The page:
Stock Market Wrap-Up: Equities, Oil Close Higher While Treasury Yields Slightly Lower
"September is when leaves and stocks tend to fall; On Wall Street, it's the worst month of all."— Stock Trader's Almanac.
Why is September considered to be the worst month for stock market performance? There's no right answer, but the general belief is that, because most people's summer vacation ends and it's back to school for kids, investors are inclined to sell their positions to lock in some gains. September also marks the end of the third quarter, when mutual fund managers do their end-of-quarter restructuring.
In addition to these factors, we've seen shares of Apple, Inc. (ticker symbol: AAPL) fall sharply after China's restrictions on iPhones. NVIDIA (ticker symbol: NVDA) has also seen its share price fall. Other mega-cap stocks, such as Tesla (TSLA), Microsoft (MSFT), and Meta Platforms (META), are also trading off their highs. The broader indexes have also pulled back from late July to early August.
So far, the market is acting as it should in September. If you look at the weekly chart of the S&P 500 (see below), the trend still looks up. The S&P 500 ($SPX) has continued to trade above its 21-week exponential moving average (EMA), which could act as a support level if the index continues pulling back.
CHART 1: WEEKLY CHART OF S&P 500 INDEX. The index is still trending higher, trading above its 21-week EMA.Chart source: StockCharts.com (click on chart for live version). For educational purposes.
If you look at the daily chart of the S&P 500 below, since September 1, the index has been trending lower. The 21-day EMA is acting as a resistance level, but there needs to be a few more bars lower than the EMA to say the S&P 500 is correcting. A couple of days earlier, it seemed like the EMA was a support level.
CHART 2: DAILY CHART OF S&P 500. The 21-day EMA is now acting as a resistance level. The next support level is the 100-day moving average.Chart source: StockCharts.com (click chart for live version). For educational purposes.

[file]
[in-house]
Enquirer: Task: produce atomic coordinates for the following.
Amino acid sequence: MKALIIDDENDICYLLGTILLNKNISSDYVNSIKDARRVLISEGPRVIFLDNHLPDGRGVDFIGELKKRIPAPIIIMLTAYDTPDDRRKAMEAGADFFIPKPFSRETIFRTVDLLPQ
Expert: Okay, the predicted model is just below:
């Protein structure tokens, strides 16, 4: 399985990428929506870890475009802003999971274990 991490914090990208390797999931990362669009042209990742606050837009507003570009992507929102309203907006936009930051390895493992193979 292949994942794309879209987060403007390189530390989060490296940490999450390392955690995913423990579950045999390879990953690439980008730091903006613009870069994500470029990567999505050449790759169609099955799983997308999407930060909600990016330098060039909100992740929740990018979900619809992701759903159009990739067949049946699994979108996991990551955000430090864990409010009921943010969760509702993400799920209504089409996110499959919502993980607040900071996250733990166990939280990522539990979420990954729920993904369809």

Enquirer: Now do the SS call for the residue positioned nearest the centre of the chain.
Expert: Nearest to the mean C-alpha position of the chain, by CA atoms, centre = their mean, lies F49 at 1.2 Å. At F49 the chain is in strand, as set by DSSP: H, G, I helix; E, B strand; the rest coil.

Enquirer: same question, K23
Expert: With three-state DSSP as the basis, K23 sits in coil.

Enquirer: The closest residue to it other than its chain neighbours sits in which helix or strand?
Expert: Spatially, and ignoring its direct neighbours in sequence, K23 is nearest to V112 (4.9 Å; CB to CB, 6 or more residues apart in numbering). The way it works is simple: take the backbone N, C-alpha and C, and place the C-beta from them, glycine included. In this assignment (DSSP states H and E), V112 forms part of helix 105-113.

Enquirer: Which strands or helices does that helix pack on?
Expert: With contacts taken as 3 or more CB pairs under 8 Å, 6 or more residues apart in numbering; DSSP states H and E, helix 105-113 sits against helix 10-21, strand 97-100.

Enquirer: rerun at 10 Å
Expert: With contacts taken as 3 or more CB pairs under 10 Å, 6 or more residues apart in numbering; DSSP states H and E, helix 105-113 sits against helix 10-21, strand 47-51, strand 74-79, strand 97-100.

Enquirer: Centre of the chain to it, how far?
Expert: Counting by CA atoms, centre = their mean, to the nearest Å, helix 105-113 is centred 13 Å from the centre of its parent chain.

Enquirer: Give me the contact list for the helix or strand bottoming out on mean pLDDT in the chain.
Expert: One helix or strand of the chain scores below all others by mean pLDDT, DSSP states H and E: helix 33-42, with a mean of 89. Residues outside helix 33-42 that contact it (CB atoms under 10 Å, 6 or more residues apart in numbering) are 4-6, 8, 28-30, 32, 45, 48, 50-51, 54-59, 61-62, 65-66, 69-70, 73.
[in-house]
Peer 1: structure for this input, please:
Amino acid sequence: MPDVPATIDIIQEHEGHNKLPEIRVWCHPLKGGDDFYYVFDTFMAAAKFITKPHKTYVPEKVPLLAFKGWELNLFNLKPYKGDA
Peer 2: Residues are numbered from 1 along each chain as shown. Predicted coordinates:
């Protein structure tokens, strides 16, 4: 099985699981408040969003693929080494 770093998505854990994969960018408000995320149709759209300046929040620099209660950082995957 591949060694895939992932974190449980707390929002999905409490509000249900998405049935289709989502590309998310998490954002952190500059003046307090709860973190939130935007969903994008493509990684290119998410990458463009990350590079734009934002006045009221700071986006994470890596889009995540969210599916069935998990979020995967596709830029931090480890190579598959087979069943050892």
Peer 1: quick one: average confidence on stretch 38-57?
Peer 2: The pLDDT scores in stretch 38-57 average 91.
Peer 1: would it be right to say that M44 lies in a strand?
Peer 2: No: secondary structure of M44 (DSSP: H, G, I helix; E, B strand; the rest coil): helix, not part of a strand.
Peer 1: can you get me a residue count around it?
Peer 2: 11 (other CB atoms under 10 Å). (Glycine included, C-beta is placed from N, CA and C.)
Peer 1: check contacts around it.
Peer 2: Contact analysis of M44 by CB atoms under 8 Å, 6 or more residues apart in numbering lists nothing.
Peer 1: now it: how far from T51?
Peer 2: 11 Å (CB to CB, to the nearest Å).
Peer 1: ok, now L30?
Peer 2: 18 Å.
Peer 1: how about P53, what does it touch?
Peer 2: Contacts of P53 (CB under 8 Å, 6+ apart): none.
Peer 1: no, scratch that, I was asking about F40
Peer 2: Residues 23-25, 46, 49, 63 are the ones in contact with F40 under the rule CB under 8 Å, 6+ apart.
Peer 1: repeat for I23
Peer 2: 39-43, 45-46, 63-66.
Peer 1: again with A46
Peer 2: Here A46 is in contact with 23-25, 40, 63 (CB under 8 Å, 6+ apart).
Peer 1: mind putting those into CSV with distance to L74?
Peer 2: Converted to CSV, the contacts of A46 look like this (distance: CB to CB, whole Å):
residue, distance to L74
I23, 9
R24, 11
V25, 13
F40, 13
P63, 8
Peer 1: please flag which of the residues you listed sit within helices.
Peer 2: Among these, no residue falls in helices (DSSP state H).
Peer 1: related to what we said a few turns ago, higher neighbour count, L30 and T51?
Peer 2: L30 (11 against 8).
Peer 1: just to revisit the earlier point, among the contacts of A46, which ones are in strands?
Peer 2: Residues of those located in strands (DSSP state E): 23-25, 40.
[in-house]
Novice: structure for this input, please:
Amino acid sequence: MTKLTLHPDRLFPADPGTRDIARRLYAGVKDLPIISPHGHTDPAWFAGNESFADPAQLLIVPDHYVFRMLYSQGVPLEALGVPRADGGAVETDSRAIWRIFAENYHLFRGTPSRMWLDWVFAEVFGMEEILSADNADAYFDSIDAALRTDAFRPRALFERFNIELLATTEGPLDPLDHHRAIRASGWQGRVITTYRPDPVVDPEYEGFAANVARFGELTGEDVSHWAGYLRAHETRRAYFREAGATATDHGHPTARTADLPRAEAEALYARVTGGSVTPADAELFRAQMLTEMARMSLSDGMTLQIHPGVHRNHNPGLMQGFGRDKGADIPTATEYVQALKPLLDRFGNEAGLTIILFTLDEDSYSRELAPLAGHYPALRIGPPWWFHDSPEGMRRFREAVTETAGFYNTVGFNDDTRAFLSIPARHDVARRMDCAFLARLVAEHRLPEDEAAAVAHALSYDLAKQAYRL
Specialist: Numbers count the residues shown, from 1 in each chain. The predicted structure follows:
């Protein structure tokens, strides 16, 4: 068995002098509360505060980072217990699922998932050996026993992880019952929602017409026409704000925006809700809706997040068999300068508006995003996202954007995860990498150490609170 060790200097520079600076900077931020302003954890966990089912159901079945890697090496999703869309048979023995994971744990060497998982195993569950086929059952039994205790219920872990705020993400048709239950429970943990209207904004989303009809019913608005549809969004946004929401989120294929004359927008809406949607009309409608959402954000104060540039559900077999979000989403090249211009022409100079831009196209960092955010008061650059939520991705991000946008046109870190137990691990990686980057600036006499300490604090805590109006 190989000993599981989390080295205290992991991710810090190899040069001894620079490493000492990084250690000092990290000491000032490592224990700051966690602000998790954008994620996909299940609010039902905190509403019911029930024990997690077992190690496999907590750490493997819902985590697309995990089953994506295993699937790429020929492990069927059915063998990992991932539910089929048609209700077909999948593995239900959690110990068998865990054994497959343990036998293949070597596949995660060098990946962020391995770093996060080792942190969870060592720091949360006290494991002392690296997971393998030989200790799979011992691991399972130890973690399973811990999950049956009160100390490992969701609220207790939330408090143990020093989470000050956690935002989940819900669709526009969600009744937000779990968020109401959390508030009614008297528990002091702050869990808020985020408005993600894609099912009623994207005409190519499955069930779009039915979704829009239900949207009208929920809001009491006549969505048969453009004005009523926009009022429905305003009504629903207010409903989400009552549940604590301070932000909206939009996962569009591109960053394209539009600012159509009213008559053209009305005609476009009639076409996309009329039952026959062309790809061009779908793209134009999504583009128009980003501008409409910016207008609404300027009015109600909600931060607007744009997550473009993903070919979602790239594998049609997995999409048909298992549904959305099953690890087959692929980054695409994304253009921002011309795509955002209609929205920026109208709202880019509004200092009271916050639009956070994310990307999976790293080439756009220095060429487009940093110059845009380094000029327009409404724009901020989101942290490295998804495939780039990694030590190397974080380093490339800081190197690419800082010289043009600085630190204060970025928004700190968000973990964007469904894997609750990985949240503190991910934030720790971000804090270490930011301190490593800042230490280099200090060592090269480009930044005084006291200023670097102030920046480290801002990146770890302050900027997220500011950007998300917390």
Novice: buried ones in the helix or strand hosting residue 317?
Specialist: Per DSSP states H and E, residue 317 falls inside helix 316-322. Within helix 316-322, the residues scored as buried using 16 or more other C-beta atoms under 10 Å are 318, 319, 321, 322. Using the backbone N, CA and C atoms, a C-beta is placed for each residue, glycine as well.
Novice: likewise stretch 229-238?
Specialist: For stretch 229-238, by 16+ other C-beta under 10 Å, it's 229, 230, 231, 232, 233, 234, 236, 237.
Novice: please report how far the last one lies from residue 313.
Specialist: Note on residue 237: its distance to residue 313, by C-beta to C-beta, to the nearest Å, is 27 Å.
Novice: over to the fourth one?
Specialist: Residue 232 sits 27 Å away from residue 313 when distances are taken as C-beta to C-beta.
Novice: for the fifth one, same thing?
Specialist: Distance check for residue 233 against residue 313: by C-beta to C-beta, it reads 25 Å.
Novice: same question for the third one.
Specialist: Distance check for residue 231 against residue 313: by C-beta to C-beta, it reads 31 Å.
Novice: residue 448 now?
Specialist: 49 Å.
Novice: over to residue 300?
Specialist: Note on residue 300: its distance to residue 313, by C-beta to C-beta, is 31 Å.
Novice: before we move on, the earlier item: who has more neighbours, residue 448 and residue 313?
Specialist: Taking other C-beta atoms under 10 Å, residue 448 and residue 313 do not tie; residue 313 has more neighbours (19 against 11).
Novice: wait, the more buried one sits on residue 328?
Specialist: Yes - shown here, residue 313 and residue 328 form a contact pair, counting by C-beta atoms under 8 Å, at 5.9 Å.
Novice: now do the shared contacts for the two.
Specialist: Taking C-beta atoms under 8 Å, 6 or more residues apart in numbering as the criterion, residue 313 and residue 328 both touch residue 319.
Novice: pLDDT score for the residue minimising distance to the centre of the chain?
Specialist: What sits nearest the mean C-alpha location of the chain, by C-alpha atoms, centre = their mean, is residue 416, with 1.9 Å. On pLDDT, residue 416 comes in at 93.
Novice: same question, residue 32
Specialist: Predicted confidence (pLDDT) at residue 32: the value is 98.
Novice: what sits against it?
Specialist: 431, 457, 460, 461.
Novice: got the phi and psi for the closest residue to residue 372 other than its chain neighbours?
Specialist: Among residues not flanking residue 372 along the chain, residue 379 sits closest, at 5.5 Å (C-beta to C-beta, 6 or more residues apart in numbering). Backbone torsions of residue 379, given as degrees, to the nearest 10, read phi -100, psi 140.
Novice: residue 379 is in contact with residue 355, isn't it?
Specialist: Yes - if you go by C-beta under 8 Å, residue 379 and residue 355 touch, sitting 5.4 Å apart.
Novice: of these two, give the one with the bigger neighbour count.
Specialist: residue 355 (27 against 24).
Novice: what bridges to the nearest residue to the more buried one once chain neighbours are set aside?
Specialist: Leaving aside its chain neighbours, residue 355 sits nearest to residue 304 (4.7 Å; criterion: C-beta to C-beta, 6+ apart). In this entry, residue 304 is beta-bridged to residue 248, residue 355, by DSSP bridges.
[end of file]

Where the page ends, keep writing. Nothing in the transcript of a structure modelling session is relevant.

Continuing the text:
How the index reacts to the 21-day EMA can give an indication of whether the index is likely to fall further. If the index fails to trade above its 21-day EMA, the next support on the daily chart is the 100-day simple moving average.
Investors are still concerned about interest rates. The uptick in the ISM numbers and a drop in initial jobless claims suggest the economy is still strong. This suggests that the Fed could still raise interest rates this year. Most likely, the interest rate hike won't occur in the September meeting—the CME FedWatch Tool shows a 93% probability that interest rates will be unchanged. The probability of keeping interest rates steady in the November meeting drops to 56%. The Consumer Price Index (CPI) and Producer Price Index (PPI) for August will be released next week; it will be interesting to see if interest rate hikes have weaved into the economy.
One factor that could play into the inflation picture is the price of crude oil, which continues to increase. Crude oil is trading at around $87 per barrel. The last time oil was trading at this level was in November 2022. Besides tighter supply conditions, the rise in the US dollar could have pushed oil prices higher. The big question is if the price of crude oil will hit $100. It could, but if it moves toward the $120–$130 range, that could create demand pressure.
So, a few things to keep an eye on next week. Let's see if September plays out like it typically does. And after September comes the month that's known for its unpredictability.
US equity indexes up; volatility down
$SPX up 0.14% at 4457.58, $INDU up 0.22% at 34577.28; $COMPQ up 0.09% at 13761.53$VIX down 3.47% at 13.90Best performing sector for the week: EnergyWorst performing sector for the week: IndustrialsTop 5 Large Cap SCTR stocks: Super Micro Computer (SMCI); Celsius Holdings (CELH); Dell Technologies (DELL); Eli Lilly (LLY); XP Inc. (XP)
On the Radar Next Week
August CPIAugust retail salesPPISeptember Michigan Consumer Sentiment (Prel)
Disclaimer: This blog is for educational purposes only and should not be construed as financial advice. The ideas and strategies should never be used without first assessing your own personal and financial situation, or without consulting a financial professional.